Managing moisture in your home is key

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As humans, we’re constantly creating humidity and moisture. Every time we cook, clean, bathe, or even breathe, we’re adding more moisture to our homes. If it was built properly — your home will have methods for dealing with that excess moisture before problems start to build up. But what happens if your home can’t get rid of the excess? You’ll start to see issues with mould and mildew growth around your home.

SIGNS OF HIGH HUMIDITY

The ideal humidity level of your home varies depending on your climate and the time of year. That said, typically, you’re looking for humidity levels of about 30 per cent to 50 per cent. When the levels get too high, you’ll be able to see some side effects presenting in your home.

Look out for condensation on your windows, instances of bubbling paint on the walls, or hardwood floors that are beginning to buckle or swell. If the air feels stale, or the temperature in your home feels higher than it should this could also be a case of too much humidity. One of the biggest, and most notable symptoms of a house that’s too humid is visible mould — especially in your kitchens and bathrooms.

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If you don’t detect any signs, but are worried about the humidity level in your home, you can actually buy a moisture metre to measure the humidity level of your home.

KEEPING HUMIDITY AT BAY

Two of your biggest moisture-heavy areas are going to be your kitchen and your bathrooms. Cooking and bathing are huge contributors to overall humidity levels, so tackling moisture in these areas is key.

There’s a reason why these rooms have exhaust fans. Their role is to suck up all that excess moisture and vent it outdoors. The problem is, in some homes, these exhaust lines weren’t run properly and instead, dump all that moist air into the attic where it can wreak havoc on the insulation up there. Make sure those lines run properly, and work with an HVAC pro to reroute them if not.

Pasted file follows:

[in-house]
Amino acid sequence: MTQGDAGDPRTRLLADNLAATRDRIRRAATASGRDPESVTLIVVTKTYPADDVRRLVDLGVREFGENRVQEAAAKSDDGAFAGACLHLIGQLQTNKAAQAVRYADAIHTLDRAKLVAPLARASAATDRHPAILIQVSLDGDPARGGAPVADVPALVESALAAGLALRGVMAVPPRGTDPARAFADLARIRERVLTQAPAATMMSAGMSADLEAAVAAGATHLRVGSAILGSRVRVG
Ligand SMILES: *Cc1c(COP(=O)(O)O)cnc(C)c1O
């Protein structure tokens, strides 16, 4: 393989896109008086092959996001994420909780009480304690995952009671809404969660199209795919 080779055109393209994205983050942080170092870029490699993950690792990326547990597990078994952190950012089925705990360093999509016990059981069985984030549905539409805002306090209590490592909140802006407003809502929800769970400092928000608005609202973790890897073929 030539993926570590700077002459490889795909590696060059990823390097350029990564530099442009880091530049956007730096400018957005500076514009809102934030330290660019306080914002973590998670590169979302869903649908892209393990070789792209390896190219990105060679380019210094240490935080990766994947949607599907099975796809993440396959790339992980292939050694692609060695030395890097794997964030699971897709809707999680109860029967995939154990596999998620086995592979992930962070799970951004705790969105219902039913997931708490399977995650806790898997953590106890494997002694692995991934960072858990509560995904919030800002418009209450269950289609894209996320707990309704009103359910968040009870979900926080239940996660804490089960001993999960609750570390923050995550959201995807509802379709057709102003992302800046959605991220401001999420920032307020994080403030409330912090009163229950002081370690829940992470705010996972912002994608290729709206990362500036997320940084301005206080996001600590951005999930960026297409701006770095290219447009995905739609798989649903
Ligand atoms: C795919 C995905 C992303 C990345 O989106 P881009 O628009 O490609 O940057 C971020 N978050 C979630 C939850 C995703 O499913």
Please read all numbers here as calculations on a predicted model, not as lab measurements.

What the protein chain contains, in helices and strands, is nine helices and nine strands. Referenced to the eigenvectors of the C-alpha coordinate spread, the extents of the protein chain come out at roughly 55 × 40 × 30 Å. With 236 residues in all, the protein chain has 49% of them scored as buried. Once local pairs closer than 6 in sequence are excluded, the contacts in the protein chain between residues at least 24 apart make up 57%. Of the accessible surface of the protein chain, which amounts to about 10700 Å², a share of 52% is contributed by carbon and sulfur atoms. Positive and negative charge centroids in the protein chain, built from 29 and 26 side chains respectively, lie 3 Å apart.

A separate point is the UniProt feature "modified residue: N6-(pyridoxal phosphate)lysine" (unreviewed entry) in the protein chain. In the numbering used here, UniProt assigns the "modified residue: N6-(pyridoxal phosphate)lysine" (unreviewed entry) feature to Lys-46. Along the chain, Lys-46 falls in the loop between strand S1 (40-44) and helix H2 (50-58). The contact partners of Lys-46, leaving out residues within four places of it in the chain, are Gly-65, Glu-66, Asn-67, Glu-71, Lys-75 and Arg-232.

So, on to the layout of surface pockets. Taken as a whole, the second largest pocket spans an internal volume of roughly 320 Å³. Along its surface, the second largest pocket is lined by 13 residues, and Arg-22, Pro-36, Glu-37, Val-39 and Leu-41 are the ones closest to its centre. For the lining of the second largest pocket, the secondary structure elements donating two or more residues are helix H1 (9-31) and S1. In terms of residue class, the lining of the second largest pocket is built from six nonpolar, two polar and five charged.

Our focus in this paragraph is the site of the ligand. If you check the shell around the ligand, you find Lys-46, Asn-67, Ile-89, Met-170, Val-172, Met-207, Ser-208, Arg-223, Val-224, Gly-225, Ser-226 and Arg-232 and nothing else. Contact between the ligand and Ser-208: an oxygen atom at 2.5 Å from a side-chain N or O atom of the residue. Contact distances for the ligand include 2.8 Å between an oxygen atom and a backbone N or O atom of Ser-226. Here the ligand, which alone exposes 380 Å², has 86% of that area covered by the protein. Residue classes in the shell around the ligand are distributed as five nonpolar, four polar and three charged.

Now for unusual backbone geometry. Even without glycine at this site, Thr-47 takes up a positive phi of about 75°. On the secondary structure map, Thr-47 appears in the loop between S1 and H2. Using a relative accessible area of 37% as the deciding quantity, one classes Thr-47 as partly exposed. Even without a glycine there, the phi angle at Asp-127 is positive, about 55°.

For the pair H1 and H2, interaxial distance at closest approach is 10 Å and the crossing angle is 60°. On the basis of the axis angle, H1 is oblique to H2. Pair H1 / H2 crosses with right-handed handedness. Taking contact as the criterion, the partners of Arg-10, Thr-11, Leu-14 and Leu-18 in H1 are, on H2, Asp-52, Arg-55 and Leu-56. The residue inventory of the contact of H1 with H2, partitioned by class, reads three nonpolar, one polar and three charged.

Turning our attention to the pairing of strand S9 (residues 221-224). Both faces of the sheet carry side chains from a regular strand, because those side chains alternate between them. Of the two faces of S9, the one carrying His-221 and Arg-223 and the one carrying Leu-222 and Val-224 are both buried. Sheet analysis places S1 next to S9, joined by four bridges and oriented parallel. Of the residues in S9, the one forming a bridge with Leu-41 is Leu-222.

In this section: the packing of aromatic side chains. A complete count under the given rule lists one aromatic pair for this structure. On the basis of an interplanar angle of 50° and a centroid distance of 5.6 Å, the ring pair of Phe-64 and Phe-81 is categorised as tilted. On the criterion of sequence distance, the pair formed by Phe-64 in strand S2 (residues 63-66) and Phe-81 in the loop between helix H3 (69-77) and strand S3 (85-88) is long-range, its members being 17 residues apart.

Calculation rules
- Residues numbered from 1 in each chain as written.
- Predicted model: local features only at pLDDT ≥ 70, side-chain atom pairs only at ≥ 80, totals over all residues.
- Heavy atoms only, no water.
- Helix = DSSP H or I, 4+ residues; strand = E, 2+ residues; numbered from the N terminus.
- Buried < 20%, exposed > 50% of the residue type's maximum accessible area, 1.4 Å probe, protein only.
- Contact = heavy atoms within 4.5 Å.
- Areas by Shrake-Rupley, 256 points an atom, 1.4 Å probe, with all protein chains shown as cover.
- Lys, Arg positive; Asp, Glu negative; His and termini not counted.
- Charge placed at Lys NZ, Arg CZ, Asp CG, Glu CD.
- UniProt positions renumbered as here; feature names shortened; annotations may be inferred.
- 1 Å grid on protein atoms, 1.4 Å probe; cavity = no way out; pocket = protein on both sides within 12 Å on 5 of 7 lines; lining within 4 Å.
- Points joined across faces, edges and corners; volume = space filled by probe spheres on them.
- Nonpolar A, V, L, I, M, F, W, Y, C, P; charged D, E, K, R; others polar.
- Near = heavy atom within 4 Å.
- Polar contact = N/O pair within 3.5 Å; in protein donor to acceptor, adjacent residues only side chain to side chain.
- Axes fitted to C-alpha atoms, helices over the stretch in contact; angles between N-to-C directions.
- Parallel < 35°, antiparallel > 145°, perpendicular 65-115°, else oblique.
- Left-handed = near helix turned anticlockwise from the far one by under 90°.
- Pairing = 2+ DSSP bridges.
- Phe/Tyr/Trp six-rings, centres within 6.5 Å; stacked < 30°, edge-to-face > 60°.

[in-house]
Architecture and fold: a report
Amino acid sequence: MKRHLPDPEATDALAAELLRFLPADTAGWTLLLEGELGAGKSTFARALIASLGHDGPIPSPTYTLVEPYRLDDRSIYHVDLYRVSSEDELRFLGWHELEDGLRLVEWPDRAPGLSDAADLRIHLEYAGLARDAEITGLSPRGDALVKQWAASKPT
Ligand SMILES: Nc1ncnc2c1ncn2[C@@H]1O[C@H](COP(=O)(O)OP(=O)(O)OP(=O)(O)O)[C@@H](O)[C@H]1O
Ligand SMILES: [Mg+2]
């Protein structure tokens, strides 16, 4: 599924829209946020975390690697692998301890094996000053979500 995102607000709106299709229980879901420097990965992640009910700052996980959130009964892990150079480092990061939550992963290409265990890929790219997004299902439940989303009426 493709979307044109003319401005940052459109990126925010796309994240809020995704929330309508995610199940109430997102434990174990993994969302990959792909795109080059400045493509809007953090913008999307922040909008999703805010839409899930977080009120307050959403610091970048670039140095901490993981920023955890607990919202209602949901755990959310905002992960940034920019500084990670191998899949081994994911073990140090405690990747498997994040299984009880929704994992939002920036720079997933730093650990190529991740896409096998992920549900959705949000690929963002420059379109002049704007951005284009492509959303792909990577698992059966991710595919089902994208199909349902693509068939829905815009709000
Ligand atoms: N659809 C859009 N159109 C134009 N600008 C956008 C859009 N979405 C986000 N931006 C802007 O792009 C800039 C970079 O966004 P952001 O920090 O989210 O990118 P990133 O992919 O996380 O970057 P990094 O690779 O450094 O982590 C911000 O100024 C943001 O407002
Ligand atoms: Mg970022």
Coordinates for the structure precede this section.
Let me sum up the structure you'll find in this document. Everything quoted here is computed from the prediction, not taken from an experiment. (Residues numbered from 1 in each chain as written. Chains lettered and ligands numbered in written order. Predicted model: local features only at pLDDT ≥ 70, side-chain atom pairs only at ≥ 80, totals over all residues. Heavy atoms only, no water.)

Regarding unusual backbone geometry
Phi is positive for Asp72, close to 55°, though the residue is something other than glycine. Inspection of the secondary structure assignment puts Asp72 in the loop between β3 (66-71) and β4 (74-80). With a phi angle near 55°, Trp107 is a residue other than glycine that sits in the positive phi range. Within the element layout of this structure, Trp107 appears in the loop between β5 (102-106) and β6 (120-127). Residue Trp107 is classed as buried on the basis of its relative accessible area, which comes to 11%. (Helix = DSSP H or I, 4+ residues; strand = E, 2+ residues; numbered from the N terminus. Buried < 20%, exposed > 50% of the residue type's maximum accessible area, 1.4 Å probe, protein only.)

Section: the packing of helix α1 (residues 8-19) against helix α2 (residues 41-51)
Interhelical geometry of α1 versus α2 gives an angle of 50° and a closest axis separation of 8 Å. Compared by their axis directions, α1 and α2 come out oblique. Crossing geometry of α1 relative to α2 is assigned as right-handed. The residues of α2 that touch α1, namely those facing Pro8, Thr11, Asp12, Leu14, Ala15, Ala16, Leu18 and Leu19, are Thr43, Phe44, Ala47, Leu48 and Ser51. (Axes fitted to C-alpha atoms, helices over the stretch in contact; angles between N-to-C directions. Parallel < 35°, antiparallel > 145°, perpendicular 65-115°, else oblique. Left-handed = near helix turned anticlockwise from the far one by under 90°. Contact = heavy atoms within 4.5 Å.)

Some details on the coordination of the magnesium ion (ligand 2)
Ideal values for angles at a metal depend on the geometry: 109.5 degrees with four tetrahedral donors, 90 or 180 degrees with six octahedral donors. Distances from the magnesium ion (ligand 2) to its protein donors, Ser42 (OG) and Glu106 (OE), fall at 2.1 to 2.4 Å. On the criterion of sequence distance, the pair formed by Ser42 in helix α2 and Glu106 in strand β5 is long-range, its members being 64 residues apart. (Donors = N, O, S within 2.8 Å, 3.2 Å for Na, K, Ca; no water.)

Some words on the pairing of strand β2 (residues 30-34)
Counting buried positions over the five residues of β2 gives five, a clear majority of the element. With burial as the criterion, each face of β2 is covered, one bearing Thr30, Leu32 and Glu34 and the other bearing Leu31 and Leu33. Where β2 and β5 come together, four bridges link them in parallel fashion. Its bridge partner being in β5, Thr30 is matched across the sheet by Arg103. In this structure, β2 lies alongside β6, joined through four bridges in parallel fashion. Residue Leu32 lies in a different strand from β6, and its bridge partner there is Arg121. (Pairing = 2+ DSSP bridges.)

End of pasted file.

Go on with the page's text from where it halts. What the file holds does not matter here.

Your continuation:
Exhaust fans should be run for at least 30 minutes after cooking or showering to make sure all that moisture gets taken out. If the space has a window, you can crack it a few inches as well to promote a healthy air exchange.

Some homes may naturally create a lot of humidity and need a little extra help. In that case, a dehumidifier can help out in areas that are a little more humid, like a basement. It sucks in air through one end, strips it of the moisture, and blows it back out into the home. Just don’t forget to empty the tray.

PROMOTING GOOD VENTILATION

Newer homes are built to be much more airtight than they used to be. This is a good thing — but one question I keep getting from homeowners online is, “can a home be TOO airtight?” I get why I hear it — if a home can’t promote a healthy air exchange, you’re going to see that stale, humid air we create in our homes build up to harmful levels.

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I’d recommend for new homes to be built with a heat recovery ventilator (HRV), or even an energy recovery ventilator (ERV), as is code in Ontario. This is a component of your HVAC and its role is incredibly important. When it’s running, it will pull that moist, humid air that you create and exhaust it out of the home. At the same time, it will bring fresh air in from the outdoors. With an ERV, as the new air comes in and crosses paths with the stale air, there will be a heat transfer process so that the new air being pumped into your home is at a comfortable temperature.

Because of this process, HRVs and ERVs are valuable tools in creating an energy-efficient home. The work it does is necessary, and it needs to be running at all times to complete this process. Do not turn these units off or you will start seeing humidity levels rise.

To find out more about Mike Holmes, visit makeitright.ca

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